Supreme Council of Antiquities – Cairo
13 December 2010
After many years of practicing interfaith dialogue and attending international conferences from New York to Vienna to Madrid, I feel that the dialogue between cultures is growing in importance. My conviction that interfaith dialogue should not be separated from intercultural dialogue is such that in 2010 I asked the General Assembly of the association I chair (ADIC) to adapt our activities and add intercultural dialogue to the name of the association. We are now the “International Union for Intercultural and Interfaith Dialogue and Peace Education”.
This association was established in France in 1989 as the “Association for Muslim-Christian Dialogue”. When I was elected president in 1995, I first sought to change the name to include dialogue with Jews. The late Sheikh of Al Azhar Gad al-Haq Ali Gad al-Haq, a great figure of enlightenment in the Islamic history of our country, was the one who encouraged me to do this He told me: “Do not confuse Israeli aggression against us with the fact that the three Abrahamic religions are integrally related. We must distinguish between the content of religions and the conduct of some of the followers of religions.”
My awareness of the cultural element to interfaith dialogue grew. During one of the annual meetings of the Permanent Committee of Al-Azhar for Interfaith Dialogue and its counterpart at the Vatican, the president of the Azhar committee, Sheikh Fawzi El Zafzaf and I submitted a working paper about rejecting generalization when it comes to making judgments. This initiative had a positive impact and our paper was discussed at the Faculty of Theology in the Vatican and added to their references.
From a practical point of view, we often say that people in the West would be making a huge mistake if they extend their judgment of Bin Laden and his crimes to all Muslims. The same holds true for us. For instance, despite the fact that we disagree with statements about Islam made by Pope Benedict XVI, this should not be an excuse for us to generalize and condemn all Christians.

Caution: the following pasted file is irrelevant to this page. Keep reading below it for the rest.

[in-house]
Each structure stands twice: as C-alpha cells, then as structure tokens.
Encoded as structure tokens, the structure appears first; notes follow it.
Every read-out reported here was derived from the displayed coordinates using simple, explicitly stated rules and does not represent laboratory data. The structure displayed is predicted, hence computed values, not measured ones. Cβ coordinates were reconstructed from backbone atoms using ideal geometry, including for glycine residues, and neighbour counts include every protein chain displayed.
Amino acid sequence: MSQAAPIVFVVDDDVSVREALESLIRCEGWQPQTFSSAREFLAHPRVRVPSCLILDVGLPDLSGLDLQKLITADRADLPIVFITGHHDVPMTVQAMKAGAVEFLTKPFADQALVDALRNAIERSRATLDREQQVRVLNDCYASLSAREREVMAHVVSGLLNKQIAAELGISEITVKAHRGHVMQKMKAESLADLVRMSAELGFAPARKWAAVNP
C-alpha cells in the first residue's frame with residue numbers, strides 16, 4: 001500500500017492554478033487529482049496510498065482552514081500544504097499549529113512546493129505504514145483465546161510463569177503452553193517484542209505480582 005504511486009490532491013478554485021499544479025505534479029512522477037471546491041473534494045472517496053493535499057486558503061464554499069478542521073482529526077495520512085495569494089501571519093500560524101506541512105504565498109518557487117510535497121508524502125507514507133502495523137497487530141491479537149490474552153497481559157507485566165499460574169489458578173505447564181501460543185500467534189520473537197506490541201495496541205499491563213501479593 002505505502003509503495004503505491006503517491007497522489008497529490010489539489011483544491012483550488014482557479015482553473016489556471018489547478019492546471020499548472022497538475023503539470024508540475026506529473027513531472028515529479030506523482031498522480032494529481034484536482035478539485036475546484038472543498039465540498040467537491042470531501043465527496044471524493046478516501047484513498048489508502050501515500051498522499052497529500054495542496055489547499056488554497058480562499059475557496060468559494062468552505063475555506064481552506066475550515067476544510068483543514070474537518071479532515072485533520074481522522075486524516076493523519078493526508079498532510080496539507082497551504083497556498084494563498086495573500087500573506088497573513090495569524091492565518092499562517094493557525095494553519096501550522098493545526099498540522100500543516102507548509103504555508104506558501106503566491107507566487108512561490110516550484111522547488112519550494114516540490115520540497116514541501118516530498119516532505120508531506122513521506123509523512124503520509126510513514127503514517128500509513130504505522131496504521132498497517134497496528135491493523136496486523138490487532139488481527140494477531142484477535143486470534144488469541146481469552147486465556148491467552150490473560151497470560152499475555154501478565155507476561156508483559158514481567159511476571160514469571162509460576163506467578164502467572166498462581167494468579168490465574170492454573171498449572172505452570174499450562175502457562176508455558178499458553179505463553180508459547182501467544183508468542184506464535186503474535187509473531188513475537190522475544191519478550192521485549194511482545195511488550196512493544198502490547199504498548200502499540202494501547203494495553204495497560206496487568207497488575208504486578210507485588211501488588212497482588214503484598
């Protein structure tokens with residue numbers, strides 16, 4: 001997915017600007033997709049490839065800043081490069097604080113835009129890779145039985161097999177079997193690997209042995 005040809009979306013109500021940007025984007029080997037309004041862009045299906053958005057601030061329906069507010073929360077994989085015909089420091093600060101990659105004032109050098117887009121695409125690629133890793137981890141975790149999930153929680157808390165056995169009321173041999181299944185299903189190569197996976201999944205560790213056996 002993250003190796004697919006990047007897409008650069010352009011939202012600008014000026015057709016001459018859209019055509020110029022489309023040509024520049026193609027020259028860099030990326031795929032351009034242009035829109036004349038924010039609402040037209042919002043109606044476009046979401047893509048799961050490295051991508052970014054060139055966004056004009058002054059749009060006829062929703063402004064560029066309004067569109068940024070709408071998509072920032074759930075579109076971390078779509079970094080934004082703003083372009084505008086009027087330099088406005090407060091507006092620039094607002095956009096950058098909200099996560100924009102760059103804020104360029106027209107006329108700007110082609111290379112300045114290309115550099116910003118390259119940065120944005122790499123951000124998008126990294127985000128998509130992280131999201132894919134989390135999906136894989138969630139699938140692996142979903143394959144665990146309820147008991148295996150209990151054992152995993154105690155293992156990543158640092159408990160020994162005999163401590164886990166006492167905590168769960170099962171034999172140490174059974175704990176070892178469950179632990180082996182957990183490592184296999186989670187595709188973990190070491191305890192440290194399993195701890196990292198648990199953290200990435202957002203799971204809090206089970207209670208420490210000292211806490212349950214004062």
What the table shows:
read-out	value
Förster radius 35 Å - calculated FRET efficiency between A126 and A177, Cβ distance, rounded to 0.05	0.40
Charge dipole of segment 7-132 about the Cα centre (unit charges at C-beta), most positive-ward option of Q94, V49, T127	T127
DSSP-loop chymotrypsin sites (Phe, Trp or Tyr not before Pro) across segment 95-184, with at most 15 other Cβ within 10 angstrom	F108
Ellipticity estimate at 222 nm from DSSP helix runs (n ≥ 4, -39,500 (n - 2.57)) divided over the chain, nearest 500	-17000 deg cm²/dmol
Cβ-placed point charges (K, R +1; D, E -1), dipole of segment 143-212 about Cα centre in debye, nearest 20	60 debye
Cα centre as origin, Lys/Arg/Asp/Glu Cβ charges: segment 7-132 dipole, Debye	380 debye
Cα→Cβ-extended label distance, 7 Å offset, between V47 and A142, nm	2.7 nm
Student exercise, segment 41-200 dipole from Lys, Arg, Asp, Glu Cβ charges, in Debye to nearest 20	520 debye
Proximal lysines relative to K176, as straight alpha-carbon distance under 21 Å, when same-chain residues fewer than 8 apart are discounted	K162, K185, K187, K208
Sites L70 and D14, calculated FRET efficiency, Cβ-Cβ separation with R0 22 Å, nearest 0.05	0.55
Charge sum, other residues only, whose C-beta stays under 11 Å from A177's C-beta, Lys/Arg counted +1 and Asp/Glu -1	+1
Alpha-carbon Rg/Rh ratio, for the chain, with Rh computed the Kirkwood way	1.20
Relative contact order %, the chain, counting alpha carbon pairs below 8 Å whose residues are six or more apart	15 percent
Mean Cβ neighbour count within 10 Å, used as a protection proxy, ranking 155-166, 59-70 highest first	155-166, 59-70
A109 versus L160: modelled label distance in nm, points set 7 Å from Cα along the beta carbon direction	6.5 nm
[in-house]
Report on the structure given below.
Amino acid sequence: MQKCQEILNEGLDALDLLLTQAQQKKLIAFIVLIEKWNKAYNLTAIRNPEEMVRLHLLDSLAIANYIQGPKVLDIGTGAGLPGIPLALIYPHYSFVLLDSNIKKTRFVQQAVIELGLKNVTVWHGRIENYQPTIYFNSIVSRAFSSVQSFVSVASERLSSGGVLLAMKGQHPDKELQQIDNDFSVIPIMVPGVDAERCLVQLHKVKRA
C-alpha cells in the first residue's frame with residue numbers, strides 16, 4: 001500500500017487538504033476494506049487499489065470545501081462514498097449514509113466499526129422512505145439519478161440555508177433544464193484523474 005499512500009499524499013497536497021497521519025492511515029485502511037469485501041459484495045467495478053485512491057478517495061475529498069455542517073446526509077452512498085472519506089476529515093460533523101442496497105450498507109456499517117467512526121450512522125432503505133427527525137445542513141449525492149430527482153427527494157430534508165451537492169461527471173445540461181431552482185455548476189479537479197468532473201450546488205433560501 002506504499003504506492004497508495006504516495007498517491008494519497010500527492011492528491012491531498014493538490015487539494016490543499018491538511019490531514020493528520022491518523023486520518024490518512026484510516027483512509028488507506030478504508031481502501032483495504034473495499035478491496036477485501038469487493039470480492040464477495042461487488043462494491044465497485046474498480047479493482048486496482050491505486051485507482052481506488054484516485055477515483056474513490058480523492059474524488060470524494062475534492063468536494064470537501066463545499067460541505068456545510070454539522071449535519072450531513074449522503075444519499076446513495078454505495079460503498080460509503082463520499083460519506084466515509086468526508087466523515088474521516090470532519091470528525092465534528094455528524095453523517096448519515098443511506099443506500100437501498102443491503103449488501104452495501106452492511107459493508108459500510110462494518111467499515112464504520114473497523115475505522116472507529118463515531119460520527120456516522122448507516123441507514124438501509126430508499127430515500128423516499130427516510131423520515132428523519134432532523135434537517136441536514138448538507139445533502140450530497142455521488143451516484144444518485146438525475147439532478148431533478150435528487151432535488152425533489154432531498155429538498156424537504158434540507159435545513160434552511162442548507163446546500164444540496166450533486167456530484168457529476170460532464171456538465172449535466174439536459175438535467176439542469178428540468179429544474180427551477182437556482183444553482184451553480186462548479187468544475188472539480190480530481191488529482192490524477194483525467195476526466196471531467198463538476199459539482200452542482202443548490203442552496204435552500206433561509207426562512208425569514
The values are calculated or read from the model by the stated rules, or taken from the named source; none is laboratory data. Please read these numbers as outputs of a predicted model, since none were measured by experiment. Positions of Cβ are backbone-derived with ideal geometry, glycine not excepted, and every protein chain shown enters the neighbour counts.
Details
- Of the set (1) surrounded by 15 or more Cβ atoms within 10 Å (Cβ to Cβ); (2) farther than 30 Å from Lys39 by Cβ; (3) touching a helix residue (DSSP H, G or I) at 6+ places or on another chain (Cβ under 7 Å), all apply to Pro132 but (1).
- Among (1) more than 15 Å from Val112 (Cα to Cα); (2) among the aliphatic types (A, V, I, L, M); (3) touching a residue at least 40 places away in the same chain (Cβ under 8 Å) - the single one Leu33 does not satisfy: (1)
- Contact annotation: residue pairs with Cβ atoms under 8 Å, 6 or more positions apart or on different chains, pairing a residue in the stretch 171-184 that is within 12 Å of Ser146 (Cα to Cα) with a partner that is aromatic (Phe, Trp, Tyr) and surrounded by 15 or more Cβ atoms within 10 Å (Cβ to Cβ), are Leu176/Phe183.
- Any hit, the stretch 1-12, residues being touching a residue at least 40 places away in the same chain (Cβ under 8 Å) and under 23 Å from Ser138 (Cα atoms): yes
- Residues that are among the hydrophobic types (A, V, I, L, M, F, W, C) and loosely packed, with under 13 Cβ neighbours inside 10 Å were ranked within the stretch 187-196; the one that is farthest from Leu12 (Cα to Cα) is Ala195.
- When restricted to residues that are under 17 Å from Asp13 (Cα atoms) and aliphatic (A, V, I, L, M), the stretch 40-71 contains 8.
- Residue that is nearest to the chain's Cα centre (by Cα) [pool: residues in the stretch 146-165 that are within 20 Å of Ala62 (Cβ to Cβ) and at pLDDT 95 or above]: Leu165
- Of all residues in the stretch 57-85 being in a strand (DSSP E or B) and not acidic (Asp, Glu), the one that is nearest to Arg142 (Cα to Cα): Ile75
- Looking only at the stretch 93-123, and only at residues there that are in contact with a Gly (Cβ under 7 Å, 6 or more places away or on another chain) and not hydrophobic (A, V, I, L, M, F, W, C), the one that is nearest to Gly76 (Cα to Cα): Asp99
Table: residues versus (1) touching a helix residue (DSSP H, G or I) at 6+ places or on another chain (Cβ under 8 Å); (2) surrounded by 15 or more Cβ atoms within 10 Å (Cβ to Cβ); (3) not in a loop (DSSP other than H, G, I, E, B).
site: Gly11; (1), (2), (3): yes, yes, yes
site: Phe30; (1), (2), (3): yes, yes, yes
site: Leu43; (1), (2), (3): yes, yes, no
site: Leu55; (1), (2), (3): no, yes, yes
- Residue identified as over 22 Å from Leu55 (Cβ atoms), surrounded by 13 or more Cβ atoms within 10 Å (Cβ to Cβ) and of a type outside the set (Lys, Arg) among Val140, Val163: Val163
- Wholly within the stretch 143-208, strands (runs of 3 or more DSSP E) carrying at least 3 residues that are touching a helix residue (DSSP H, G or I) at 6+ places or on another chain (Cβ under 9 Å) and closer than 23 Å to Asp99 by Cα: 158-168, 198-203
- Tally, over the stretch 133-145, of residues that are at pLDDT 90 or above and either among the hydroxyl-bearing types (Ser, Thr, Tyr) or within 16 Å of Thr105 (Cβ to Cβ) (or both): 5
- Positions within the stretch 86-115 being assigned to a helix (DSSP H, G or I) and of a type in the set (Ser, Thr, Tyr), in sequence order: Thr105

Isn’t it important to know, for example, that the Christians of the East supported the Saracens during the Crusades against the Franks who invaded their land?
And it’s an historical fact that that although the Vatican was one of the leaders of the Crusades, the Catholic Saint Francis of Assisi was among the opponents of the Crusades and went so far as to travel to Egypt and ask the king to help stop the bloodshed.
I would like to share with you some models I initiated over the last two years in Spain, specifically in Cordoba; the city who witnessed the golden age of coexistence between religions. On July 25, 2010 our association signed an agreement with Nexos Allianza, an affiliate of the UN Alliance of Civilizations initiative, to conduct a program takes us to the heart of the matter in today’s talk.
The main points of this agreement were:
- Organizing an encounter of young people – representatives of the future – from different religions and races first in Córdoba, then in Egypt, to affirm their common values
- Highlighting the effectiveness of music to bring people together, by organizing two concerts: one in Egypt around the Flamenco, and one in Córdoba around the famous Muslim-Christian singing group directed by Mr. Entessar Abd el Fattah
- Emphasizing the role that the international media can play to publicize the historic example of coexistence in Córdoba by inviting a group of Egyptian, Arab and European journalists to Córdoba to deepen their understanding
- Promoting the economic model of the Parque International de la Paz Euromediterraneo to potential Egyptian and Arab industrial partners, so that together with the people of Córdoba they can confirm their common goals of peaceful coexistence.
Last month, the Ministry of Foreign Affairs asked Dr. Abdel Aziz Hegazi, president of the General Federation of NGOs to submit some practical proposals on creating a real dialogue of cultures and to present them at the Malta conference on the first regional strategy of the Mediterranean in November 2010. Our French NGO, recognized by the Egyptian Ministries of Interior and Foreign Affairs, was asked to contribute to this presentation. Now, we are happy to say that we are working on a new bridge to link civil society with the dialogue of cultures and civilizations.
Finally, I’d like to tell you about another initiative I am working on to link culture to education. I met several times with Dr. Ahmad Zaki Badr, Minister of Education, and Dr. Mahmoud Hamdi Zaqzouq, Minister of Awqaf to discuss revising public school textbook. During those meetings I stressed the importance of integrating within the textbooks the values of peaceful coexistence, tolerance and love among the followers of different religions. It is our duty to protect new generations from the ideological extremism that not only destroys any chance for dialogue, but is a major catalyst for all kinds of violence.